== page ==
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Indigenous Peoples and Subsistence Fishing

In Upper Mauricie, the Indigenous communities are part of the Atikamekw nation and live on ancestral lands  called  Nitaskinan, “our land” in Atikamekw. For many years, fishing was an important activity for them, along with hunting and trapping.

Nitaskinan 2018 map, territory limits as detailed in the Declaration of Sovereignty.

Territory limits as detailed in the Declaration of Sovereignty, 2018

Traditionally, each family occupied a territory on which to hunt, trap, fish and pick berries and medicinal plants.  The families were often quite large, and these daily activities ensured their survival.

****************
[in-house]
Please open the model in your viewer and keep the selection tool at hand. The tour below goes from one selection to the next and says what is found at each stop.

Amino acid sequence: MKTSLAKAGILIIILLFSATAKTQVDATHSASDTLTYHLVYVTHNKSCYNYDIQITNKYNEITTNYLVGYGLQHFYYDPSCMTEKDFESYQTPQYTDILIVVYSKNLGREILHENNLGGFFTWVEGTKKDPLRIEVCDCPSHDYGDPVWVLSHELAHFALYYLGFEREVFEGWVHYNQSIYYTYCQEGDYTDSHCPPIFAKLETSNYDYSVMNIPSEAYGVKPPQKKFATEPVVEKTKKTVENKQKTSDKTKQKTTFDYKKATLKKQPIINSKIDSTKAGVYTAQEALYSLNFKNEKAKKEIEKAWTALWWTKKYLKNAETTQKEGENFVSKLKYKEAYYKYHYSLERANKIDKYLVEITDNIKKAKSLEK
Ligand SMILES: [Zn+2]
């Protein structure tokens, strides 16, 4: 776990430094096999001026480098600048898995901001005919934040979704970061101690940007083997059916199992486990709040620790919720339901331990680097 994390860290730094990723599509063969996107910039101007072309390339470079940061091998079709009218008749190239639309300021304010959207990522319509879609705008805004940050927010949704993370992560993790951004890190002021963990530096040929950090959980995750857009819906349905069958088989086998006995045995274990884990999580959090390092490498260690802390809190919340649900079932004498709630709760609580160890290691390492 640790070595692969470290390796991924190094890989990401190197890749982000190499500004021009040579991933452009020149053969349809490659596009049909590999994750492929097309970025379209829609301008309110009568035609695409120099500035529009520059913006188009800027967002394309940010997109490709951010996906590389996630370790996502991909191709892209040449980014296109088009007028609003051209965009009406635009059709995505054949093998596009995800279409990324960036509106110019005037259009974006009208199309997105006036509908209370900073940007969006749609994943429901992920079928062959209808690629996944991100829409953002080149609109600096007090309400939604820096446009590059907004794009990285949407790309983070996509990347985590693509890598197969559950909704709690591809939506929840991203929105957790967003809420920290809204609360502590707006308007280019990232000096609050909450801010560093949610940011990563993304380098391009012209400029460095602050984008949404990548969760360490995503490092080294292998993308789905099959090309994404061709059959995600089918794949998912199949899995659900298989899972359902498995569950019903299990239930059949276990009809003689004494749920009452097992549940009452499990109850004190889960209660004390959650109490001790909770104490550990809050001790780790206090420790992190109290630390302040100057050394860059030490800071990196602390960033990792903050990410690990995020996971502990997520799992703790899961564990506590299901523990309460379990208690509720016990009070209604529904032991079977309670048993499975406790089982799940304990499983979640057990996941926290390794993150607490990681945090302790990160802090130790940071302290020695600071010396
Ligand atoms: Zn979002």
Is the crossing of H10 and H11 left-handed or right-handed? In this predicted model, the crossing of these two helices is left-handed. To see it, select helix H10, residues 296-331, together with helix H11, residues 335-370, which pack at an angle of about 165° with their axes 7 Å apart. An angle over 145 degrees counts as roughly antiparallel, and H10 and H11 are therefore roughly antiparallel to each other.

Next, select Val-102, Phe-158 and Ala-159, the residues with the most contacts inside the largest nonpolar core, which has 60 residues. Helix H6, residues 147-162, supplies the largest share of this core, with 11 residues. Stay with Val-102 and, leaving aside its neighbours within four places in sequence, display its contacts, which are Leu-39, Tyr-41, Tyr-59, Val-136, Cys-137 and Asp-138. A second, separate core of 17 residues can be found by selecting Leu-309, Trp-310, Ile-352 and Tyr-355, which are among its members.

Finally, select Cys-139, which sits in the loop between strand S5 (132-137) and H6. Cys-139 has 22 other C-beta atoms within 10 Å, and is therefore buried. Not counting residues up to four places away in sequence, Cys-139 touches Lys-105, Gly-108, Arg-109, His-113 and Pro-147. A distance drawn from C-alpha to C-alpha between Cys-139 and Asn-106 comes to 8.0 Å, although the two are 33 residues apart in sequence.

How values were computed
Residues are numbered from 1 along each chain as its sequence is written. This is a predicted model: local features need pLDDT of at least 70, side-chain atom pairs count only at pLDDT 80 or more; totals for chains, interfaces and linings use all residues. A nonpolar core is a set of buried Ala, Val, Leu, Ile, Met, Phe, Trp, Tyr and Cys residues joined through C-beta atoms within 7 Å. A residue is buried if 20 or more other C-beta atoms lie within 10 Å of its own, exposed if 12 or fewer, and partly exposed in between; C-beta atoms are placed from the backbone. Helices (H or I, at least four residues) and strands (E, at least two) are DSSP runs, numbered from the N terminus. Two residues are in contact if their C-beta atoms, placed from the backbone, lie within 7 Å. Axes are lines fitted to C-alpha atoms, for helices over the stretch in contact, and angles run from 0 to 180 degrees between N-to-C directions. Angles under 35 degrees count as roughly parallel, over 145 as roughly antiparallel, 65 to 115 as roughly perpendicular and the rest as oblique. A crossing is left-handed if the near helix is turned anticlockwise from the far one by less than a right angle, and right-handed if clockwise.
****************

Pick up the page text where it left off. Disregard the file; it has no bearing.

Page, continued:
Sepia-toned photo, several Aboriginal families are gathered to share a meal in the great outdoors

Sharing a meal in the great outdoors is part of Atikamekw tradition

This method of dividing up the territory by family is still common practice for traditional activities like harvesting, hunting and fishing. These activities are highly prized by the First Nations, both as pleasurable pastimes and ways to feed their families, and so the traditions continue. Hunting and fishing are literally part of their DNA.

Constant Awashish, Grand Chief of the Atikamekw Nation
(subtitling available in FR / EN)
View this video with a transcript (EN)